Wednesday, May 16, 2007

Microsoft's "The Security Development Lifecycle" - Chapter One

I started reading Microsoft's "The Security Development Lifecycle" a few weeks ago but got distracted and didn't finish. I figured I'd start the book over from the beginning and write commentary on a chapter-by-chapter basis. Hopefully this is useful if only for my own record keeping.

Chapter 1 - Enough is Enough: The Threats Have Changed

Chapter One is an overview of why security is important, why everyone needs to be concerned about it, but specifically developers. I already buy the premise so the first chapter isn't exactly a hard sell. That said - I do have a few sections I find interesting and/or controversial.

Overall I agree with the definitions and distinctions made between Security and Privacy as concepts. Drawing this distinction isn't all that useful though for the general SDL practitioner. Its kind of a sad commentary on who the assumed audience is that the authors have to give this definition at all in the book. One disconcerting piece of this section though is their attempt to justify the SDL based on Privacy but not Security concerns. Justifying the SDL and software security in general is an extremely lengthly discussion and the subject of much debate about how much security to bake in, how many defects to fix, etc. Privacy is a big buzzword now though especially in places that are heavily regulated. Its a big stick just like SOX was 2-3 years ago to get management attention.

In their section on Reliability they mention an OpenBSD security/reliability item in BIND back from 2004. The OpenBSD team categorized the issue as one of reliability back then, and the authors appear to agree with this assessment. Little did they know this topic would explode again recently with another OpenBSD defect that the OpenBSD folks would try to categorize as a reliability issue but many folks disagreed. I have to say that I'm clearly in the reliability issues can be security issues camp and so I disagree with the author's position on this topic. I also disagree with their assessment that no major vendors distinguish between reliability and security concerns. Plenty of vendors post plenty of reliability patches that fix defects that aren't directly exploitable to cause an outage. If something can be exploited to cause both, it is both a reliability (availability) and a security defect.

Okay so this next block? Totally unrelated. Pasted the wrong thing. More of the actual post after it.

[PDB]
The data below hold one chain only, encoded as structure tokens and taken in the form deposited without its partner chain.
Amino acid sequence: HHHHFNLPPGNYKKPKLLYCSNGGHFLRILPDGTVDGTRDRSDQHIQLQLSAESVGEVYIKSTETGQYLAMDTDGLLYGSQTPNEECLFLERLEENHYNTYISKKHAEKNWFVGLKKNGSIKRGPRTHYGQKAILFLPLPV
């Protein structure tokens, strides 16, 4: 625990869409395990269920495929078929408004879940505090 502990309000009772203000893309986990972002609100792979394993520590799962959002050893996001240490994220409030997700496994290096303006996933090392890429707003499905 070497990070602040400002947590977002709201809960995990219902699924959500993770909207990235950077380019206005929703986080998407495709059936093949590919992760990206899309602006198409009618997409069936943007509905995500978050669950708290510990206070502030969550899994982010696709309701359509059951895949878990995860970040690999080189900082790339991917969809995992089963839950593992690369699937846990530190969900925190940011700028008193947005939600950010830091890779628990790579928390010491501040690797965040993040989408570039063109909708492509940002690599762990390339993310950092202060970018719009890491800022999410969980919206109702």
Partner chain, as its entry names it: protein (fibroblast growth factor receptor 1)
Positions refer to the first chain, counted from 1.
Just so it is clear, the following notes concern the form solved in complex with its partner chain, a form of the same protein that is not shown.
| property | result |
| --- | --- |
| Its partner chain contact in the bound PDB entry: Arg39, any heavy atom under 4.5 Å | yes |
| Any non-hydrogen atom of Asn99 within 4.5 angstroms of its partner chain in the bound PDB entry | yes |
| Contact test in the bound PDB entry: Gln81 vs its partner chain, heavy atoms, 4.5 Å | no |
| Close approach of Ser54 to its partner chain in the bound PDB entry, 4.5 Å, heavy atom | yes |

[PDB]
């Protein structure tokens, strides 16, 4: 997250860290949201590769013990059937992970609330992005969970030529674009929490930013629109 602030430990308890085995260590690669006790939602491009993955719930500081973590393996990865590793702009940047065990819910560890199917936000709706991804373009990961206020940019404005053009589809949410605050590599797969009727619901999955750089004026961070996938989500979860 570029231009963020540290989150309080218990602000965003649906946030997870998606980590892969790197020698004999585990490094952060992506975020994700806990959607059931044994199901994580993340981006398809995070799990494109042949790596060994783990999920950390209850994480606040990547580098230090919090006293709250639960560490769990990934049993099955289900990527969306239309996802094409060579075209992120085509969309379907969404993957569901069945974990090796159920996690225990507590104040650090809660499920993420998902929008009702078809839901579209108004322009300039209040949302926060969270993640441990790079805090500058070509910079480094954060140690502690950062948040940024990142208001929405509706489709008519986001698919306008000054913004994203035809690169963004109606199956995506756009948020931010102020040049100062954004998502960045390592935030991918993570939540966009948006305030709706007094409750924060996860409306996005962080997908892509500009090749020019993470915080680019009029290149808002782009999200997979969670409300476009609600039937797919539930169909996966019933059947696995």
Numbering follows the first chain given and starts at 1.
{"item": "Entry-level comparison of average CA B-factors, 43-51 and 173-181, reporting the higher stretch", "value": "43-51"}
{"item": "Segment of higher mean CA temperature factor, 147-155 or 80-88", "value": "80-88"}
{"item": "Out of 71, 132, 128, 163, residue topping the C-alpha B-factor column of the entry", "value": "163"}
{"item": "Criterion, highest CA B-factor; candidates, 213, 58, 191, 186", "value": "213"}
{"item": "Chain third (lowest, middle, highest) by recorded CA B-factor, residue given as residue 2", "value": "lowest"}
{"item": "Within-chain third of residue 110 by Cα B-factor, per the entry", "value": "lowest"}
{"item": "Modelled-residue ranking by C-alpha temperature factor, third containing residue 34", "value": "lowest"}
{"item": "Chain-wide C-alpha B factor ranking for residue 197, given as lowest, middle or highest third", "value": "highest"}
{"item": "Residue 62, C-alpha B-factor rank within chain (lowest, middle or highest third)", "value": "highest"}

In the next section on quality I'm a little confused. The book is supposed to be about securing software, but again takes a break and examines security failures in general.

In their section "Why Major Software Vendors Should Create More Secure Software" they take a bit of a jab at Apache based on the progress they finally made in shipping a more secure IIS. While they properly point out (I didn't check it, taking them at their word) that Apache had more security vulnerabilities/defects than did IIS in 2006, they make the leap that these were the cause of more compromises on Apache. Proper configuration management, ease of configuration management, and "secure by default" configurations go a long way towards achieving security and are part of the job of shipping "secure software." But to claim that the differential in Apache vs. IIS attacks is due solely to security defects is perhaps pushing the point a bit much.

Overall Chapter One is a decent start to the book though it moves between too many subject areas to focus on them enough in the space alloted. I know it gets better from here on in (I read ahead) but I think the intro could have been a little tighter.

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